Hello, Linera

This section is about interacting with the Devnet, running a local development network, then compiling and deploying your first application from scratch.

By the end of this section, you'll have a microchain on the Devnet and/or on your local network, and a working application that can be queried using GraphQL.

Using the Devnet

The Linera Devnet is a deployment of the Linera protocol that's useful for developers. It should not be considered stable, and can be restarted from a clean slate and new genesis at any time.

To interact with the Devnet, some tokens are needed. A Faucet service is available to create new microchains and obtain some test tokens. To do so, this must be configured when initializing the wallet:

linera wallet init --with-new-chain --faucet https://faucet.devnet-2024-05-07.linera.net

This creates a new microchain on Devnet with some initial test tokens, and the chain is automatically added to the newly instantiated wallet.

Make sure to use a Linera toolchain compatible with the current Devnet.

Starting a Local Test Network

Another option is to start your own local development network. A development network consists of a number of validators, each of which consist of an ingress proxy (aka. a "load balancer") and a number of workers (aka. "physical shards").

To start a local network, run the following command:

linera net up

This will start a validator with the default number of shards and create a temporary directory storing the entire network state.

This will set up a number of initial chains and create an initial wallet to operate them.

Using the Initial Test Wallet

linera net up prints Bash statements on its standard output to help you configure your terminal to use the initial wallet of the new test network, for instance:

export LINERA_WALLET="/var/folders/3d/406tbklx3zx2p3_hzzpfqdbc0000gn/T/.tmpvJ6lJI/wallet.json"
export LINERA_STORAGE="rocksdb:/var/folders/3d/406tbklx3zx2p3_hzzpfqdbc0000gn/T/.tmpvJ6lJI/linera.db"

This wallet is only valid for the lifetime of a single network. Every time a local network is restarted, the wallet needs to be reconfigured.

Interacting with the Network

In the following examples, we assume that either the wallet was initialized to interact with the Devnet or the variables LINERA_WALLET and LINERA_STORAGE are both set and point to the initial wallet of the running local network.

The main way of interacting with the network and deploying applications is using the linera client.

To check that the network is working, you can synchronize your default chain with the rest of the network and display the chain balance as follows:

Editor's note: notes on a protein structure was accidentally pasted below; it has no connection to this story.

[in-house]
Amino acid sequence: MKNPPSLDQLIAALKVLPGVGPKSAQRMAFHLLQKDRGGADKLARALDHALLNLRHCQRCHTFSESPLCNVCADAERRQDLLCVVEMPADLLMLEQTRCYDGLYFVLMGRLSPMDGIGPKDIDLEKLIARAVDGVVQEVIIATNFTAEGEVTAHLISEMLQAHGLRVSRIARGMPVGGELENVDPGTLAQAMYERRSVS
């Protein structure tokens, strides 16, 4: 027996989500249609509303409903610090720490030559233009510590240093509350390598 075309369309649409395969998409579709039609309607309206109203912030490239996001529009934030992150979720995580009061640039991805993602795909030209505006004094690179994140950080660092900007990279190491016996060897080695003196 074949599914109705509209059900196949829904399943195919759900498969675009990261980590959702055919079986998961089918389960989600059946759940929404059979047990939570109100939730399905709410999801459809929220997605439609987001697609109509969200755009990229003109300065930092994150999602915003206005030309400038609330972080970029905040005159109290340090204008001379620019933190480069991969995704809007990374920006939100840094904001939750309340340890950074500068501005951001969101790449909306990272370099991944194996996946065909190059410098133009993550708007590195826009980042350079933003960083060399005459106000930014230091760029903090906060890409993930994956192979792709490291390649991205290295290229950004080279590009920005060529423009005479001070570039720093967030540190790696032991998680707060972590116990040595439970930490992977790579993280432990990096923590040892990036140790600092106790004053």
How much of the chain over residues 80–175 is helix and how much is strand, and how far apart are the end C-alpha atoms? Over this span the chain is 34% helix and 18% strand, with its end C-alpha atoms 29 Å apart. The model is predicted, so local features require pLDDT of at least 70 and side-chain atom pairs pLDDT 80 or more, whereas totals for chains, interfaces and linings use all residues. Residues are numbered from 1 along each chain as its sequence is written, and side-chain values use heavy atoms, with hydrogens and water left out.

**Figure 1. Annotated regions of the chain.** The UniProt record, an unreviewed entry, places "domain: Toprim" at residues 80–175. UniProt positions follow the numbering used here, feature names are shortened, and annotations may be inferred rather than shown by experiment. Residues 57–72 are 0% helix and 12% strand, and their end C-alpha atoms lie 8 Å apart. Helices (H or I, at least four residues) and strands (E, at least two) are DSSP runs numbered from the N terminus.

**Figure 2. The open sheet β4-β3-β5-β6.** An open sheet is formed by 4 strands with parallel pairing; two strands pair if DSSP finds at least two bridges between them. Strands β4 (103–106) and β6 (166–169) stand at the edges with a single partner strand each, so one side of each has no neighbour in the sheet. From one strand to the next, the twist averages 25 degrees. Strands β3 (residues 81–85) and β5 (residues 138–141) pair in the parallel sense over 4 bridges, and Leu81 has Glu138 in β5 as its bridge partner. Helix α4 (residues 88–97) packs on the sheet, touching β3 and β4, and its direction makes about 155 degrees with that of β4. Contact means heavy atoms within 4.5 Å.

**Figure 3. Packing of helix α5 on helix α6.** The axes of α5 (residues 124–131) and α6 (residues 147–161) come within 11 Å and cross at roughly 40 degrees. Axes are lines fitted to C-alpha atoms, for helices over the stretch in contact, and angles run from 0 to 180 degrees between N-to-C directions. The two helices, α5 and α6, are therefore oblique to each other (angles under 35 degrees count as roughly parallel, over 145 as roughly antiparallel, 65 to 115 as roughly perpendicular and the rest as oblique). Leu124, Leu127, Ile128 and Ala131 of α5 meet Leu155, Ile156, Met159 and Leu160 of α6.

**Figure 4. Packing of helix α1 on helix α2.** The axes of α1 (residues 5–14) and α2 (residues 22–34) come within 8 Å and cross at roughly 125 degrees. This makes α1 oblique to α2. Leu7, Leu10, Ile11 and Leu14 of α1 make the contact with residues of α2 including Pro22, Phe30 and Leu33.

linera sync
linera query-balance

You should see an output number, e.g. 10.

Building an Example Application

Applications running on Linera are Wasm bytecode. Each validator and client has a built-in Wasm virtual machine (VM) which can execute bytecode.

Let's build the counter application from the examples/ subdirectory:

cd examples/counter && cargo build --release --target wasm32-unknown-unknown

Publishing your Application

You can publish the bytecode and create an application using it on your local network using the linera client's publish-and-create command and provide:

  1. The location of the contract bytecode
  2. The location of the service bytecode
  3. The JSON encoded initialization arguments
linera publish-and-create \
  ../target/wasm32-unknown-unknown/release/counter_{contract,service}.wasm \
  --json-argument "42"

Congratulations! You've published your first application on Linera!

Querying your Application

Now let's query your application to get the current counter value. To do that, we need to use the client running in service mode. This will expose a bunch of APIs locally which we can use to interact with applications on the network.

linera service

Navigate to http://localhost:8080 in your browser to access the GraphiQL, the GraphQL IDE. We'll look at this in more detail in a later section; for now, list the applications deployed on your default chain e476… by running:

query {
    chainId: "e476187f6ddfeb9d588c7b45d3df334d5501d6499b3f9ad5595cae86cce16a65"
  ) {

Since we've only deployed one application, the results returned have a single entry.

At the bottom of the returned JSON there is a field link. To interact with your application copy and paste the link into a new browser tab.

Finally, to query the counter value, run:

query {

This will return a value of 42, which is the initialization argument we specified when deploying our application.